When the Pentagon wanted to commemorate the 50th anniversary of the Korean War, it made a peculiar decision. It called a special ceremony for an unusual guest: the commissioner of Major League Baseball, who laid a wreath at the Tomb of the Unknowns.
Baseball Hall of Famers Willie Mays and Ernie Banks served during the Korean War, as did a little-known shortstop named Robert Neighbors, who is still listed among the missing, the commissioner said.
The ceremony highlighted baseball's unique ties to war. Today, amid Opening Day festivities sobered by the war in Iraq, the connection will be the game itself.
From its origins as the national pastime during the Civil War to the sacrifices of its past players, baseball has become intertwined with the country's wartime history and identity more than any other sport. Over time, that relationship has evolved; all-stars aren't likely to volunteer for duty as they once did. Yet the baseball diamond is still a prism for the national mood.
"That's a part of the tradition," says John Odell of the National Baseball Hall of Fame in Cooperstown, N.Y. "There's something about it that transcends popularity and gets to how we view ourselves."
Historian Jacques Barzun, when he gauged the American ideal 50 years ago, commented: "Whoever wants to understand the heart and mind of America had better learn baseball." More recently, when filmmaker Ken Burns wanted to encapsulate the American experience in three documentaries, he made one about baseball.
In a country fascinated by sports, baseball remains the primary athletic link to the "greatest generation." While the most famous Super Bowl - No. 3, between the New York Jets and Baltimore Colts - recalls the Vietnam War, baseball's golden years surround the two World Wars, when baseball was America's sole athletic ego.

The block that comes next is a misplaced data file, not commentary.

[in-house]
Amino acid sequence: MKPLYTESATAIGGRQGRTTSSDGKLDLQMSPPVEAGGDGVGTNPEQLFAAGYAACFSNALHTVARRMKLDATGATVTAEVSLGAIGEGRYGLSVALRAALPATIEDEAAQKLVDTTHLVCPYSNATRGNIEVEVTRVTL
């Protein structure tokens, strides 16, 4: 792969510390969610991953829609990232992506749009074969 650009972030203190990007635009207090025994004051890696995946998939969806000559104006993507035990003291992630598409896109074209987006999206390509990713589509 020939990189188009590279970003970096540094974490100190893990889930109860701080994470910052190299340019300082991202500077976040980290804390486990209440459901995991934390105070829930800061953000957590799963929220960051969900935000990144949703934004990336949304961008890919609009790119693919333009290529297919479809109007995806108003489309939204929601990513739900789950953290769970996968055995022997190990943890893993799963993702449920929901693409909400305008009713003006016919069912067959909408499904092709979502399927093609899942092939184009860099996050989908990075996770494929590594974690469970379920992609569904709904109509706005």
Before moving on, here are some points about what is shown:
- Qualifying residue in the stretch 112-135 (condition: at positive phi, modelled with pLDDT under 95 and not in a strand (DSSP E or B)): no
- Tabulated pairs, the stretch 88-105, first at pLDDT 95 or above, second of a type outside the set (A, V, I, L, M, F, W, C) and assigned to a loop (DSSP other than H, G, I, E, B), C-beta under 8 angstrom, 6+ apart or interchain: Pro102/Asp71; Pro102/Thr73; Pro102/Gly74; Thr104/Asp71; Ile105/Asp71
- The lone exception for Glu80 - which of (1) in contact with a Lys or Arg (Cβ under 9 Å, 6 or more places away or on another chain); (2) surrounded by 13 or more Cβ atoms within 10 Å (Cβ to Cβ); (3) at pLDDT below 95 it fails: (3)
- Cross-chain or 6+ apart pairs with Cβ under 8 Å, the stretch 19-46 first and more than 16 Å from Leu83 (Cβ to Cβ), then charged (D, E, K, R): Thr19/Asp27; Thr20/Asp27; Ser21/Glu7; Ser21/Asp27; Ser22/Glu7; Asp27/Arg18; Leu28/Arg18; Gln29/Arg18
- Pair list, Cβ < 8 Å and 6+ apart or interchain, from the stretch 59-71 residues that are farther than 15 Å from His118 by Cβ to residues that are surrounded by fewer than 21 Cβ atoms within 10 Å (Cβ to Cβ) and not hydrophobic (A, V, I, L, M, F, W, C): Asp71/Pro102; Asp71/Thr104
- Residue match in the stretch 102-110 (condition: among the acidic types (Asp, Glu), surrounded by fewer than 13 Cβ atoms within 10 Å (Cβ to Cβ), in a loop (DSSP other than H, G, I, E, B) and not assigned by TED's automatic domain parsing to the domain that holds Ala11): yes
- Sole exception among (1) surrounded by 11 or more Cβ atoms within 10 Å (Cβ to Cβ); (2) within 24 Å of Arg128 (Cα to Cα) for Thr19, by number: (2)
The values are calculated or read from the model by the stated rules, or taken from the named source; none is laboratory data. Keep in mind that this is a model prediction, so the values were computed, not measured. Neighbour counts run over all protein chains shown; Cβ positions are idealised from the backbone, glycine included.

"That large niche that sports take up today used to be entirely filled up by baseball," says Mr. Odell.
For the first half of the 20th century, baseball was America in microcosm. As the country desegregated, so did the Dodgers - and as the country went to war, so did the nation's ballplayers.
About 5,800 players were in the major leagues when Pearl Harbor was attacked. By 1945, 5,400 had dropped their bats for guns. Joe DiMaggio was in the Army for three years. Ted Williams flew Marine jets for three, and then flew again in the Korean War. In all, 64 members of the baseball Hall of Fame served during wartime.
"When it comes to basketball or hockey or football, I can't think of one veteran," says Gary Bedingfield, editor of the website "Baseball in Wartime." "But when it comes to baseball, you can list the names, and images come to mind as well."
Part of that sense of wartime history comes from the nature of the game itself. In many ways, baseball is as much a cultural and patriotic rite as a sporting event.
According to lore, the ceremonial first pitch and the seventh-inning stretch were started by a US president, William Howard Taft. The national anthem as a tradition was inaugurated at the 1918 World Series, and became a fixture during World War II.
"Baseball is different because of its rituals, and there is room within these rituals to include the rituals of patriotism," says Jules Tygiel, author of "Past Time: Baseball as History."
The link between baseball and war runs as deep as the origins of the game itself.
Before the Civil War, it was mainly a Northeastern sport. By war's end, pickup games, some in prisoner-of-war camps, had introduced baseball from Montana to Mississippi. One game in South Carolina drew about 40,000 Union troops on Christmas Day, 1862.
Back then, the professional leagues contracted teams because of players called into war. Now, the end of the draft and new perceptions of who should go to war have made the association much less direct. Not since Korea has a significant number of players left the field for the front.
Yet some suggest the connection is still potent, even if mostly symbolic. After 9/11, baseball's rituals were once again infused with Americana. From President Bush throwing the first pitch to the introduction of "God Bless America" during the seventh-inning stretch, baseball became an anchor for broader national patriotism and pride.
"It became a kind of village green," where people could talk and deal with their fears, says Odell. Today, it will again.